Funnily enough, things have ‘rather come full circle’. One of Michael’s current obsessions is with the relatively new field of ‘psychobiotics’, which involves looking at how diet impacts on mental health.

He is fascinated with why fans of his diets, who have lost a considerable amount of weight following his advice, have been reporting improved mental health as well as physical health.

‘Yes, when you lose weight you can feel better, but is it more than that?’ he says. ‘The latest research is that what you eat can directly impact. It’s an area that is quite new and exciting.’

Michael spent 20 years behind the scenes making TV programmes, but when he moved into presenting, the idea of using himself as a guinea pig came very much to the fore. Over the years, he has subjected his own body to all manner of experiments.

He has ingested tapeworm, put a needle through his hand on air, been exposed to tear-gas, been bitten by leeches and taken the ‘truth serum’ sodium thiopental — all in the name of research to find out what works, and also, what doesn’t.

(Clare may well consider that the programme which involved him keeping samples of his own poo in the family freezer was a step too far, mind.)

For one show, about flu, he had a blood sample tested against a databank containing samples of all the great pandemics of the 20th century. Guess what? He’d had them all. His mother had always told him he’d had avian flu as a baby (he was born in India, and the family later lived in Hong Kong).

‘The blood tests revealed that, yes, I had been exposed to it, but I was protected, probably by her antibodies and so I made a full recovery. And then I got Hong Kong flu. Then I got Russian flu when I was at Oxford University. And I think more recently I also got exposed to swine flu, although I didn’t have any symptoms.’

He believes his blood may now suggest that he’s also had Covid-19 (more of this later). 

‘I suspect quite a lot of us are exposed to these bugs and we have no symptoms and don’t even know it. But unless you have had an antibody test, you won’t know.’

But it was discovering his blood sugar level was through the roof, to the point where he had type 2 diabetes, that changed his life both privately and professionally.

He was horrified to discover that he was on the same path as his father, who had a host of obesity-related conditions. Bill Mosley died aged just 74.

It was the fear of dying young, too, that spurred Michael into taking control of his own waistline.

‘He was significantly overweight for much of his adult life and never found a way to crack it. He developed heart disease and type 2 diabetes, and that led to other complications.

‘I think it’s a terrific shame. And I can’t help feeling that if I had known what I know now, I might have been able to help him a bit more.’

Would he have listened, though? This is the problem every medical professional — and politician — is facing.

‘Ah well, the honest answer is, I don’t know. I hope he might have, but you never know with your parents. Parents tend to think of their children as children, whatever age they are.’

His mother, Joan (whose genes he hopes to have inherited), is still hale and hearty at 91. Does she follow his advice, eating cauliflower rice?

He laughs. ‘No. She’s more . . . traditional. She does eat a broadly healthy diet. But I think at the age of 91, she’s not going to be converting.’

You can see the evidence-gatherer in him trying to make sense of why his mother is still here, and his father isn’t.

‘She’s remained slim through all of her life. She walks. She lives by the seaside, which I’m sure is good.’

He has also married someone with the slim gene, if such a thing exists. Clare is naturally slender, always has been, and follows a healthy diet out of choice rather than duty.

‘She simply doesn’t have a sweet tooth,’ he admits. ‘She won’t seek out biscuits or chocolate, and while she may have a muffin if we are out for a coffee, she’ll happily leave half of it.’

Does this baffle him? Well, no — he cites research about how what you eat in the first five years of your life has significant impact on your grown-up tastes and Clare’s family never had sweet treats. He did, and has ‘a very sweet tooth’.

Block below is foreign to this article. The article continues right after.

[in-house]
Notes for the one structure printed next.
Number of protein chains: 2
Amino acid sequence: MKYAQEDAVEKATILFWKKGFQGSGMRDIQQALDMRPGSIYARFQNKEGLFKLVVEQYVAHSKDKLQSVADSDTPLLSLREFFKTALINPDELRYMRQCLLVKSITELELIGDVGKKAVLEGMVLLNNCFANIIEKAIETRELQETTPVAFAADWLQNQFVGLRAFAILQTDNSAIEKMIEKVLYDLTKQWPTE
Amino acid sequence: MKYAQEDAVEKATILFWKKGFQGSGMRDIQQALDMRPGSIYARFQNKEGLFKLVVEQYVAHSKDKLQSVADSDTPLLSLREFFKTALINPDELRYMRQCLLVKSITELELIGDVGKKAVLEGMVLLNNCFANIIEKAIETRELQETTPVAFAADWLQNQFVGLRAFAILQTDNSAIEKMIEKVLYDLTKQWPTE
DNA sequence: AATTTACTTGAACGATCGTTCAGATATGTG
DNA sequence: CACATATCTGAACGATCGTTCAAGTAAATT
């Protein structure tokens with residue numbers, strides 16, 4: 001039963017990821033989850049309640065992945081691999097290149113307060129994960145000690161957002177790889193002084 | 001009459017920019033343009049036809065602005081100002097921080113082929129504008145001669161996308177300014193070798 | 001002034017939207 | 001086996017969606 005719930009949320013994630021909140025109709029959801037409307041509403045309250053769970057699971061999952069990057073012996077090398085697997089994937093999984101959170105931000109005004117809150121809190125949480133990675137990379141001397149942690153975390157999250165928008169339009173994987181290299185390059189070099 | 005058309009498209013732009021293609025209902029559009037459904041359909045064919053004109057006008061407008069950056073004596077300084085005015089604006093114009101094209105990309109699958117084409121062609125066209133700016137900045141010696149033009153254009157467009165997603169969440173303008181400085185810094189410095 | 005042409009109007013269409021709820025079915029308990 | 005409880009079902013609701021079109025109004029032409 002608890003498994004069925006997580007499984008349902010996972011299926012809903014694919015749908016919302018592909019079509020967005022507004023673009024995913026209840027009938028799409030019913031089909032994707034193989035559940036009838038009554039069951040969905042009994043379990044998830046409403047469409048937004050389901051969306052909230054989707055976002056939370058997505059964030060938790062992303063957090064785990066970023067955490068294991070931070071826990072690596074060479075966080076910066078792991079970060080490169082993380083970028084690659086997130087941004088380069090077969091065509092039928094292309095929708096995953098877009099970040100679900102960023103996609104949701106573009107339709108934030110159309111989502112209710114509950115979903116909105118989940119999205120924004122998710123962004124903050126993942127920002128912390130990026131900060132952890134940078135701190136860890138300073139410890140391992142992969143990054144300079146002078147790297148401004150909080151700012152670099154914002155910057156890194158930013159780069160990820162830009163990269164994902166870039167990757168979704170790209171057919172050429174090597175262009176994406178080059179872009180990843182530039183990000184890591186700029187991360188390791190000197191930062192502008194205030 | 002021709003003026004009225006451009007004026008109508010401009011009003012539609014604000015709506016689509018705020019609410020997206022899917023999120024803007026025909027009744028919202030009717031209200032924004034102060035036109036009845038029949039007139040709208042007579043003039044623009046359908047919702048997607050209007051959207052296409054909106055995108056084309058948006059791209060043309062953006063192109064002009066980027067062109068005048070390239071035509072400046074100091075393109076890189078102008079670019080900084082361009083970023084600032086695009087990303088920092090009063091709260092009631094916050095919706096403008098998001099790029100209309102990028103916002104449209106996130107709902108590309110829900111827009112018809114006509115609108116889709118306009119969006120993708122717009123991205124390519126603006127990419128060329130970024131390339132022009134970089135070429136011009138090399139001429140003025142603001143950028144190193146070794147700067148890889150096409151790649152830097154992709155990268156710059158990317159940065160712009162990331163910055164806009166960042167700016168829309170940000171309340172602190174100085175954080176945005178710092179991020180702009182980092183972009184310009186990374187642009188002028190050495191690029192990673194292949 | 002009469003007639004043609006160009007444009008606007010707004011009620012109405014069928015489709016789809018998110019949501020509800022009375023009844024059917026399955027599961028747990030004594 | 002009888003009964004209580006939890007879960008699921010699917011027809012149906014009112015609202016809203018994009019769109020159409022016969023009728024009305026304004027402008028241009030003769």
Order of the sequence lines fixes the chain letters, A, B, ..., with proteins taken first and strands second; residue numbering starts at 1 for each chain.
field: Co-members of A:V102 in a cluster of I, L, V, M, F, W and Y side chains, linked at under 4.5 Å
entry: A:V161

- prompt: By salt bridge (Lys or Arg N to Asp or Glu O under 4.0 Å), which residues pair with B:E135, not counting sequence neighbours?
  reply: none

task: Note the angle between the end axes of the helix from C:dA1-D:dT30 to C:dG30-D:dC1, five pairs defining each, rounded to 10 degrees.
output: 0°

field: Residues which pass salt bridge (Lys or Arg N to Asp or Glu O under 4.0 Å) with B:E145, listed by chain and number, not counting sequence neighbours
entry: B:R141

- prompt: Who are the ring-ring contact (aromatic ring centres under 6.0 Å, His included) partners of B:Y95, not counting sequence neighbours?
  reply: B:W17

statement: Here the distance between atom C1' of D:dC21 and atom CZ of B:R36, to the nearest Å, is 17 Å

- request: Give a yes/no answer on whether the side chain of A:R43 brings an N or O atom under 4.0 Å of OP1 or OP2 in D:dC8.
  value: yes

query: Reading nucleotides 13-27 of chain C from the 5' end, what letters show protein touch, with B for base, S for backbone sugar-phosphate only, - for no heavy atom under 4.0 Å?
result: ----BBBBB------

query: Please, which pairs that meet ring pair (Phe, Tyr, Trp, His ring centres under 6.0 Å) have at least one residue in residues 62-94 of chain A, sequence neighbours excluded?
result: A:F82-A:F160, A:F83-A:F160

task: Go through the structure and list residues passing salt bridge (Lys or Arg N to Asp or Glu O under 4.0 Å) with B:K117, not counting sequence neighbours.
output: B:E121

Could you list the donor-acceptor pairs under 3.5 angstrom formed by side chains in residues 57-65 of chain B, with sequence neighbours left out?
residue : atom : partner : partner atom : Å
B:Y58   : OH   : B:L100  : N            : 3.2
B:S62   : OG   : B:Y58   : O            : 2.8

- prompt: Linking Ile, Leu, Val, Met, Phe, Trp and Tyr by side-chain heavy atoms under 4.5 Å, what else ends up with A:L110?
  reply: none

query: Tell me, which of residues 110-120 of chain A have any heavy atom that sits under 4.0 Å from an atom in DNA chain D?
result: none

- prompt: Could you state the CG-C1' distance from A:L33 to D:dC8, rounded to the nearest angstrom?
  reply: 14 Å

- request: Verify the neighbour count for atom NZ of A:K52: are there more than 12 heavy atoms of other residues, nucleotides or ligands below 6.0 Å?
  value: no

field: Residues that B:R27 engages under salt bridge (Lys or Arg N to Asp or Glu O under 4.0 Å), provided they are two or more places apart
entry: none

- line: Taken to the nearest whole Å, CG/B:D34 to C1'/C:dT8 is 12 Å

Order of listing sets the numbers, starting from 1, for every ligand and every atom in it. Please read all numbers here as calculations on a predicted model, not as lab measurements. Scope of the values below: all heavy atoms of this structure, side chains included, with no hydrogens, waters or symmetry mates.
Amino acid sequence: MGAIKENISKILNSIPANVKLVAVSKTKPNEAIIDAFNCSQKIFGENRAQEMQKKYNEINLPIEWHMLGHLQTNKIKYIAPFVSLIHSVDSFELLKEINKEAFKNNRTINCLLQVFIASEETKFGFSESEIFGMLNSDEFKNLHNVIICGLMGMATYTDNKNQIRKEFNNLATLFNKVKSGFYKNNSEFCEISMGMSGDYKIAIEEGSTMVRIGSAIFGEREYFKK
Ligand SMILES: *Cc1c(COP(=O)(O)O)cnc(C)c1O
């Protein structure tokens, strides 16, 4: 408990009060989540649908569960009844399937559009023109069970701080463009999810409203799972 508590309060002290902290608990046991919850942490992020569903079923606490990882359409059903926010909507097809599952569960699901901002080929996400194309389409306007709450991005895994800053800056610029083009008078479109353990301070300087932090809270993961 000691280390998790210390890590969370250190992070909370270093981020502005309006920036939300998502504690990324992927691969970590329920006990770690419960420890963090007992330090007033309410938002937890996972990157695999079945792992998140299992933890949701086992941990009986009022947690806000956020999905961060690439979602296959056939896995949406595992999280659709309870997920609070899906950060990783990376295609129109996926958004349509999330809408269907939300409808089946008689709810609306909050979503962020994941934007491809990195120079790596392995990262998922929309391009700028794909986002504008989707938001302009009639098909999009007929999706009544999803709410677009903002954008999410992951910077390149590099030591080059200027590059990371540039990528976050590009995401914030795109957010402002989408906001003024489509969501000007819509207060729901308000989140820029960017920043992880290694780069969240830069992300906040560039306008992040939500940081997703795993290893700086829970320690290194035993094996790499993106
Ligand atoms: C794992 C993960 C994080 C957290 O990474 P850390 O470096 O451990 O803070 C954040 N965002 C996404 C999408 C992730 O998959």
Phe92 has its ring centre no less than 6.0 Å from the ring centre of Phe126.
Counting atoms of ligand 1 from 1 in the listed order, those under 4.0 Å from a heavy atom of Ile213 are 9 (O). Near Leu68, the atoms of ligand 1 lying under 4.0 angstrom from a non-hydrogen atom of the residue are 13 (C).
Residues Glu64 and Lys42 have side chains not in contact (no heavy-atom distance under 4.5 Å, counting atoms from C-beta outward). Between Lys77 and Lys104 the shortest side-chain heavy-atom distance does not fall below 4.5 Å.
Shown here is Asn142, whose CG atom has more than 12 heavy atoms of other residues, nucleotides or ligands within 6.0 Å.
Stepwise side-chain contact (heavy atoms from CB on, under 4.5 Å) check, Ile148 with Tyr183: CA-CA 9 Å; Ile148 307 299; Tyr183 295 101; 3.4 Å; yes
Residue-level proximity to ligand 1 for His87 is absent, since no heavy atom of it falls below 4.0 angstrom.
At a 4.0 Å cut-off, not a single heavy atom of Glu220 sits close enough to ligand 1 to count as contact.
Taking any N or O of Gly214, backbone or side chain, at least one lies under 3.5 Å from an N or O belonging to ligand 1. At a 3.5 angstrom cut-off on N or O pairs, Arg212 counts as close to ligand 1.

‘If I have one piece of chocolate, I want the whole bar, whatever size that bar is.’ Consequently, they don’t have junk food in the house and Michael confides that he’s gone to extraordinary lengths to keep temptation at bay.

‘I’ve even told our newsagent not to sell me chocolate,’ he says.

Clare is keen to point out that the way the Mosleys eat at home — with lots of fruit and vegetables; keeping an eye on the carb intake; very little sugar — isn’t extreme.

‘We are not food Nazis,’ she says. But they did ban their four children — now aged from 21 to 30 — from having fizzy drinks.

‘They all went through a period in their teens when they wanted junk food and had it, but now they eat healthily.’

The entire family has been through the mill with the Covid crisis (although it’s characteristic that Michael has worked through it, even recording his voiceovers in Clare’s wardrobe which became a makeshift sound booth).

They both suspect they had Covid in March, as did two of their sons. Jack, 28, a doctor, contracted it in Preston, Lancs, where he was working.

‘He had the cough, the fever, the loss of smell and taste. Thankfully, he got it before he started work on the Covid ward, which we were very glad about because hopefully he had some antibodies by the time he started there,’ Michael says.

Dan, 26, had been working as a management consultant in Australia, but came home and then developed symptoms.

‘Some of his flatmates tested positive, so we implemented all the precautions. He ate separately. We had masks in the house, but unfortunately there had been a short time after he arrived when we didn’t know, so we had been hugging him. For both of our sons, the loss of smell and taste has been quite long-term. Dan is still spraying everything he eats with chilli and pepper.’

The couple are worried about how the Covid crisis will impact on their children’s generation. Dan is looking for a job in the UK, reveals Michael.

‘He has been applying for a couple of months and people just say: ‘Hey, talk to us later because this is a tough old time.’ I feel for people in their early 20s, because this is not a great time to be looking for a job.’

His own work continues apace. He is appalled at the Covid crisis, yet professionally thrilled at the flurry of research which is happening. He says our best hope is the Oxford vaccine, which will one day be seen as a ‘way in which British science has done us proud’.

‘We’ve learned so much in such a short time and this is going to be a good thing for the future because these infectious diseases are out there. It is not just one, there are lots of others.’

The science will march on, he insists. Our job is to listen to it. But back to his belt — and ours.

He says we can come down a notch or two together. ‘It’s not easy, I know that, but it’s vital.’

Source: Read Full Article